- Establish a “least privilege” policy: Confirm who can access your data and network and, specifically, what they can access. Regularly review the use of credentials with your third parties and determine who is using them in the partner organization. Also, limit temporary access, as it increases vulnerability.
No matter how much you trust a third-party vendor or how long you’ve worked with it, you must continuously assess the vendor’s security standards and technology. Companies with robust due diligence and third-party governance stand to benefit in many ways.
3. Perform Phishing and Password Training
Security processes and technology are useless if your staff isn’t trained on best practices. If your employees have access to sensitive information, communicate your company’s policies and procedures to them effectively. When it comes to data protection, everyone should know their role.
Even with the securest people and technology, the weakest link in your organization’s security can be its own employees. Unsurprisingly, phishing scams have become a major threat plaguing enterprises globally. More than 90 percent of breaches owe to phishing attacks. The sophistication of these attacks is constantly improving, with savvy hackers thinking of new ways to target vulnerable employees.
Education is the key to prevention: findings from a Wombat Security survey revealed that nearly 30 percent of employees don't know what phishing is. Furthermore, ransomware is an unknown concept to nearly two-thirds of workers. Ensure that you—and your third-party vendors—are continuously training workers to identify and report suspicious emails. Doing so will effectively turn your workforce and vendor ecosystem from the weakest link to a strong first line of defense. Also ensure that employees assess messages and emails before opening them. Double checking a URL before opening an email and determining why an email appeared in the first place are great first steps in improving this process.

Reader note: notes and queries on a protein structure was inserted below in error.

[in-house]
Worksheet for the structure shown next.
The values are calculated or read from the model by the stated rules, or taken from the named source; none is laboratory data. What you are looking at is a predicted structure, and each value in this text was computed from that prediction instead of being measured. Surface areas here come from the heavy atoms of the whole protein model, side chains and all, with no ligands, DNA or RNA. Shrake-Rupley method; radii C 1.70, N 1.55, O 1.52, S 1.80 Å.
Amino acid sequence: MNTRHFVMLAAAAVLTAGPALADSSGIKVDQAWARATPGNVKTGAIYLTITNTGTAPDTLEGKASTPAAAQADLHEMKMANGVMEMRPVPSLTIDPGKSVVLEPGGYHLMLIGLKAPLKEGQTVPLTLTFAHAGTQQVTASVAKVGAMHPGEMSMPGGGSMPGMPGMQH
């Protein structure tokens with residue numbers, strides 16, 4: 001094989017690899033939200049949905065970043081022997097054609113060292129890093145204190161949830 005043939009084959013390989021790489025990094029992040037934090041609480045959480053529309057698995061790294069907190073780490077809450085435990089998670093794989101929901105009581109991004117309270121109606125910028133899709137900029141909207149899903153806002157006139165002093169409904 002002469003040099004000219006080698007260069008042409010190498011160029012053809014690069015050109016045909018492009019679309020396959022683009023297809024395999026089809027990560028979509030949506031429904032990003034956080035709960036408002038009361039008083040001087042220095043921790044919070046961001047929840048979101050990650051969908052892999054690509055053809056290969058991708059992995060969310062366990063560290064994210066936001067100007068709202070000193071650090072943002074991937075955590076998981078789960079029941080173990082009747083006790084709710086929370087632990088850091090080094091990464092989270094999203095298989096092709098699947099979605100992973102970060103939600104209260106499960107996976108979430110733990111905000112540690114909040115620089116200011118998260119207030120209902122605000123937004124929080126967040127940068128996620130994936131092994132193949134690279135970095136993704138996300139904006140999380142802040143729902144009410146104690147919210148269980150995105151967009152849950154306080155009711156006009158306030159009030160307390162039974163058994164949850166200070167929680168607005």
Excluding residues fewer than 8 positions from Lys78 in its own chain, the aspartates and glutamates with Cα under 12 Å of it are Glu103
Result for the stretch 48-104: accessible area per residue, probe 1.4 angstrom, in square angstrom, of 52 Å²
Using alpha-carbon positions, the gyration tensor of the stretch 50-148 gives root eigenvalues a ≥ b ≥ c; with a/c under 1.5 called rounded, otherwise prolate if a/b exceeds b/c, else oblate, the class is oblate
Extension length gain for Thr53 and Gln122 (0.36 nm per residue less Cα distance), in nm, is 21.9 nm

4. Know the Regulatory Scenarios
With more-stringent data regulations going into effect, organizations must rethink their compliance process. If you handle data in any way, you’re likely aware of the EU’s General Data Protection Regulation (GDPR) and its wide-ranging implications for U.S. companies that process any EU data. Despite many organizations’ efforts to bring themselves into compliance in advance of its May 2018 deadline, they were simply insufficient. But what about your third-party vendors? Are they taking the necessary steps toward GDPR compliance now that it’s in effect?
Under the new rules, any third-party processor is now directly responsible for its compliance. Both the third-party processor and the organization handling the data are obliged to determine what data is being shared, why it’s being shared, why it’s being stored and whether operations must change.
It’s a big undertaking, but it’s an important one. Organizations should restrict third-party access to sensitive data, complete an information audit to determine the data flow to third parties, collect only the data that serves a legitimate purpose and make sure that all major leaders are aligned. To ensure continued GDPR compliance, they must look beyond their own processes and ensure their third-parties are regulation ready. Otherwise, you may be on the hook for regulatory fines or the looming risk of a third-party data breach.
Successfully managing third-party vendors is ongoing practice, not a one-time task. Organizations of all sizes and industries need to treat their extended network as part of their own security family. Although one organization’s requirements may not be the same as another’s, all businesses have a responsibility—to themselves and their customers—to implement measures that are appropriate to their unique risks and needs.
About the Author
Kevin Alexandra is principal technical consultant for Avecto.